Feb. 5 (UPI) — One of the United States’ leading conservationists and ivory trade investigators was found dead Monday in his home in Nairobi, Kenya.
Police found the body of Esmond Bradley Martin in his house with a stab wounds to neck. His wife found him dead after she returned from a walk.
“We have launched investigations into the murder of the American conservationist who was found dead in his house in Karen,” Nairobi Police Chief Japheth Koome told Capital FM news.
Nairobi’s Directorate of Criminal Investigations boss, Ireri Kamwende, said the attacker hasn’t been identified.
“We have already questioned a gardener and a cook who are employed at the home,” Kamwende said.
Martin wrote several groundbreaking reports about the ivory trade and was believed to be working on a new expose about trafficking in ivory and rhino horns.
At one point, Martin served as the United Nations special envoy for rhino conservation. The conservationist persuaded China to end its legal rhino horn trade in 1993 and ivory trade just last year.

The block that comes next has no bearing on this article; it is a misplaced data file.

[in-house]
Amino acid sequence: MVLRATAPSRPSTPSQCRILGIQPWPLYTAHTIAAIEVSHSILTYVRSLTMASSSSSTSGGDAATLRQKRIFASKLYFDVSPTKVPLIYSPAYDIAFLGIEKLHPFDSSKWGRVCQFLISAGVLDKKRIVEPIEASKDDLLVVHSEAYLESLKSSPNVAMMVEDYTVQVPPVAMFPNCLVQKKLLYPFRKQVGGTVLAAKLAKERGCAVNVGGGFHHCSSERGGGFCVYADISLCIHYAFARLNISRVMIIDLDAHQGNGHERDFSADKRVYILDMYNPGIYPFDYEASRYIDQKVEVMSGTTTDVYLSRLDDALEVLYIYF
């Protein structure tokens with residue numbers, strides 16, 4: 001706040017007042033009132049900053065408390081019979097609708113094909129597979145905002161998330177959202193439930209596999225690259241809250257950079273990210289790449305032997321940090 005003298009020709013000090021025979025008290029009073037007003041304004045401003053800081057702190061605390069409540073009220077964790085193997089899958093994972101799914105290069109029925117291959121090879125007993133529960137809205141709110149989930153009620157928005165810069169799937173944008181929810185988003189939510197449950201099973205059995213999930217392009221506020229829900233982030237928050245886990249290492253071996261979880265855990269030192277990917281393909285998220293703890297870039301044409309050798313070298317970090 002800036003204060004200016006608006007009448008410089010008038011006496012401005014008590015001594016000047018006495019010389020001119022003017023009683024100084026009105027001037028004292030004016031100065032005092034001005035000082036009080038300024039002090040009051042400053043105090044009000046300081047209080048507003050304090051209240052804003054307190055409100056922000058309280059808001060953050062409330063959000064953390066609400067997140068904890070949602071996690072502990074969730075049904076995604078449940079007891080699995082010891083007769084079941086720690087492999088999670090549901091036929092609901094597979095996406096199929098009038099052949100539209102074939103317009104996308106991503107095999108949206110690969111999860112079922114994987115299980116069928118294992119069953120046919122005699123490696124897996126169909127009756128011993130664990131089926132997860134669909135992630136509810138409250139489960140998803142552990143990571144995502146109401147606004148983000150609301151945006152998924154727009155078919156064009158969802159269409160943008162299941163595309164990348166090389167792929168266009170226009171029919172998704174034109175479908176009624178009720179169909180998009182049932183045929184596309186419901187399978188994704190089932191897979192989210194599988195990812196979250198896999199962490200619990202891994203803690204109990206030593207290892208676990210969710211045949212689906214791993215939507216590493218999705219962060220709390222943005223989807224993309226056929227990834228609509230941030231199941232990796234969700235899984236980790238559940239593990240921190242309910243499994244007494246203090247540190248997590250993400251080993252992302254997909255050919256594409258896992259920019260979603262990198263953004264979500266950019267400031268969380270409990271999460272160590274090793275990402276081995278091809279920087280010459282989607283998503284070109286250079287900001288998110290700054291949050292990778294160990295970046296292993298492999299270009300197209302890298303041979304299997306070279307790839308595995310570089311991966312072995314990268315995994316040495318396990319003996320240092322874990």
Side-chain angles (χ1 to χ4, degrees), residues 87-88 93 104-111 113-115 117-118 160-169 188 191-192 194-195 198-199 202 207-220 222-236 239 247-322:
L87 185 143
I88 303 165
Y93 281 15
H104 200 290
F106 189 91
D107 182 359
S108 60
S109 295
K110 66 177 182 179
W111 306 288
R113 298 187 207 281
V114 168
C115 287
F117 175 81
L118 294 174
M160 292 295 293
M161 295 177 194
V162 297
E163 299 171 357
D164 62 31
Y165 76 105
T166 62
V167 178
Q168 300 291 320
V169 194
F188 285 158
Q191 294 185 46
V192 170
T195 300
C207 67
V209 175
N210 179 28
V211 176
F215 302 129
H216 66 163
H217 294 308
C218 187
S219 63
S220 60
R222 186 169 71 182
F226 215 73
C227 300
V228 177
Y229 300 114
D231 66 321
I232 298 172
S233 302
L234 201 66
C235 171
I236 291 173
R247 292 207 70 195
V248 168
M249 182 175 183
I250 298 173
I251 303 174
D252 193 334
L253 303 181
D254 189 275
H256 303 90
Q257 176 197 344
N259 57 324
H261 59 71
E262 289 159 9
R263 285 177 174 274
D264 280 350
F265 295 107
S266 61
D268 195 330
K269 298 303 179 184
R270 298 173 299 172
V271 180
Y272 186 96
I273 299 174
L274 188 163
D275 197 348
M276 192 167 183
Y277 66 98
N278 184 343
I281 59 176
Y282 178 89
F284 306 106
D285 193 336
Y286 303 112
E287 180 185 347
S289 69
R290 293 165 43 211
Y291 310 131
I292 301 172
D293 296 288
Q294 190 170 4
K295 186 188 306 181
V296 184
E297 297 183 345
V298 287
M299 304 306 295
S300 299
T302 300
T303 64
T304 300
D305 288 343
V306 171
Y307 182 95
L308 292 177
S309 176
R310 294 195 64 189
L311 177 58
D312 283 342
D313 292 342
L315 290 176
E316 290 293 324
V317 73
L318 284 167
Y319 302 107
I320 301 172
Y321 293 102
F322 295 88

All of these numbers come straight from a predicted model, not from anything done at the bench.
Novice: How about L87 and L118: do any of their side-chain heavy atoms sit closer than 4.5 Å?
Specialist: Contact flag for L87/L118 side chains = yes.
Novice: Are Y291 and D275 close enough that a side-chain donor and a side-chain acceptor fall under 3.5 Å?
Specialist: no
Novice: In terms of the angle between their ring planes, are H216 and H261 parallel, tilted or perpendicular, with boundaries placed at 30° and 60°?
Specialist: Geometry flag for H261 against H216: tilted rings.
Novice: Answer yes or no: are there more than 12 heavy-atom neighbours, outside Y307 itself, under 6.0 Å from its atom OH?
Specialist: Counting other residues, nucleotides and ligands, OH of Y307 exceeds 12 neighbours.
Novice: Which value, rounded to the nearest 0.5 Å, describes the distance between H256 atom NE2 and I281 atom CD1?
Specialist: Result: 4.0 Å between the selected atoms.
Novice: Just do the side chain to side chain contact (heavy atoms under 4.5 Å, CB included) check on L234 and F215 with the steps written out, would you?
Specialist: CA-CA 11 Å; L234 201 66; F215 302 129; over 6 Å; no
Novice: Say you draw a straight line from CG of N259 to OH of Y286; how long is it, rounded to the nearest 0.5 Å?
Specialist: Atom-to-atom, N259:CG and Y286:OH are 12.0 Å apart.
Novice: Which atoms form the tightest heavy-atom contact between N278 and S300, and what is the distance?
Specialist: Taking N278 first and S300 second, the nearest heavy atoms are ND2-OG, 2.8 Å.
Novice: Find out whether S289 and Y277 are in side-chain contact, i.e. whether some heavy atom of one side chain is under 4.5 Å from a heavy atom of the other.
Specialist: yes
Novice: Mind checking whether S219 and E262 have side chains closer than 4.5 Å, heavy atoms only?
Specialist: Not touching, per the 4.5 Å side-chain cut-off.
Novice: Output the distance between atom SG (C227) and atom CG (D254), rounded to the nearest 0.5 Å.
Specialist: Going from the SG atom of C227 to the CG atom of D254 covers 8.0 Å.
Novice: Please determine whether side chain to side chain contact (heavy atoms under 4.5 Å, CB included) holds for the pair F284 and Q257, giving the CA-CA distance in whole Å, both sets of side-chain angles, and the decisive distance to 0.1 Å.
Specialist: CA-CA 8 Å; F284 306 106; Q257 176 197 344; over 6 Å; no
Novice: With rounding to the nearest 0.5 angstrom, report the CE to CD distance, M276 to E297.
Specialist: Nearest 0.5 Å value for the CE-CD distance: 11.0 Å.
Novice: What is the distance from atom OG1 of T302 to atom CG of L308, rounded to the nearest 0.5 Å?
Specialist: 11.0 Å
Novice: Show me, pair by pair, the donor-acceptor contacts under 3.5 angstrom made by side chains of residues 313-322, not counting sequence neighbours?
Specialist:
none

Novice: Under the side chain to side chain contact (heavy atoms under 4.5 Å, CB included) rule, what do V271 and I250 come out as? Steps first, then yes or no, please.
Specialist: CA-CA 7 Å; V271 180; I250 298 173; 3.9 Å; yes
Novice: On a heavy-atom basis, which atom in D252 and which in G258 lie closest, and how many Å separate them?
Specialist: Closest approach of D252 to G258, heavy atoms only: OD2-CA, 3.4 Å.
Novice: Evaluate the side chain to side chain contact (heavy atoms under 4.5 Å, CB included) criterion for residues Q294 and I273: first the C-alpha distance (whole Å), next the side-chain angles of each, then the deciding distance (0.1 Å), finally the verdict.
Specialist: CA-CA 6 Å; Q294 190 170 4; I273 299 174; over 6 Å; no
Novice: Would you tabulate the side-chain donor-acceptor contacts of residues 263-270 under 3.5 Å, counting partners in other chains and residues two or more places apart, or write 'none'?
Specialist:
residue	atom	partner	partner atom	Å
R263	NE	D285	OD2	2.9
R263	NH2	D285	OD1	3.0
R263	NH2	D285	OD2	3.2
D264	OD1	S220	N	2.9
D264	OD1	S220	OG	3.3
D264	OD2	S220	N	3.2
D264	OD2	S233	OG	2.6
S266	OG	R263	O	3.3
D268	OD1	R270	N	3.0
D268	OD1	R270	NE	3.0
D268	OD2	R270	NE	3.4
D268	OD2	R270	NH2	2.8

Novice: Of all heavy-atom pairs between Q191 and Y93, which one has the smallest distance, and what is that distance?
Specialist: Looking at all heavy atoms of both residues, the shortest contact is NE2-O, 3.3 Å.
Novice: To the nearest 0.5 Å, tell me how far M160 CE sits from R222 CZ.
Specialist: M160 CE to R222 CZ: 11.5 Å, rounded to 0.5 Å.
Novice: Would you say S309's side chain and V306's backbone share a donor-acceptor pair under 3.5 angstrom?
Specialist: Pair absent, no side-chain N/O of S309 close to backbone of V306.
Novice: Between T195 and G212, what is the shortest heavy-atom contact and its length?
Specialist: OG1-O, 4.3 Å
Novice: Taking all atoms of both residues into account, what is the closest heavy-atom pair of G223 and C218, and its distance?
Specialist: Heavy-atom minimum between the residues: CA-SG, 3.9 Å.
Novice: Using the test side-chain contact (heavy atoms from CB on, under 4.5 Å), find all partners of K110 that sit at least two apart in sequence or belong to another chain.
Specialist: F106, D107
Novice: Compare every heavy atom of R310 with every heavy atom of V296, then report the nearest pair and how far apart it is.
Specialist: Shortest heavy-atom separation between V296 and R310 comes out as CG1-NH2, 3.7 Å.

The World Wildlife Fund in Kenya said on Twitter they were “saddened” by Martin’s death.
“We’re saddened by the untimely death of Esmond Bradley Martin, a respected colleague & friend to conservationists worldwide,” the WWF said in a tweet. “He was at the forefront of fighting #WildlifeCrime in exposing rhino horn & elephant ivory trade. He remains an inspiration for all of us.”
Dr. Paula Kahumbu, the CEO of Wildlife Direct, said Martin would be remembered for exposing ivory sales worldwide — including in the United States, Congo, Nigeria, China and Hong Kong.
“It is with deep shock and horror that we learn this Monday morning of the death of long-time conservationist, Esmond Bradley Martin, whom police say died in suspicious circumstances at his home in Karen, Nairobi. Esmond led investigations into ivory and rhino horn trafficking,” Kahumbu said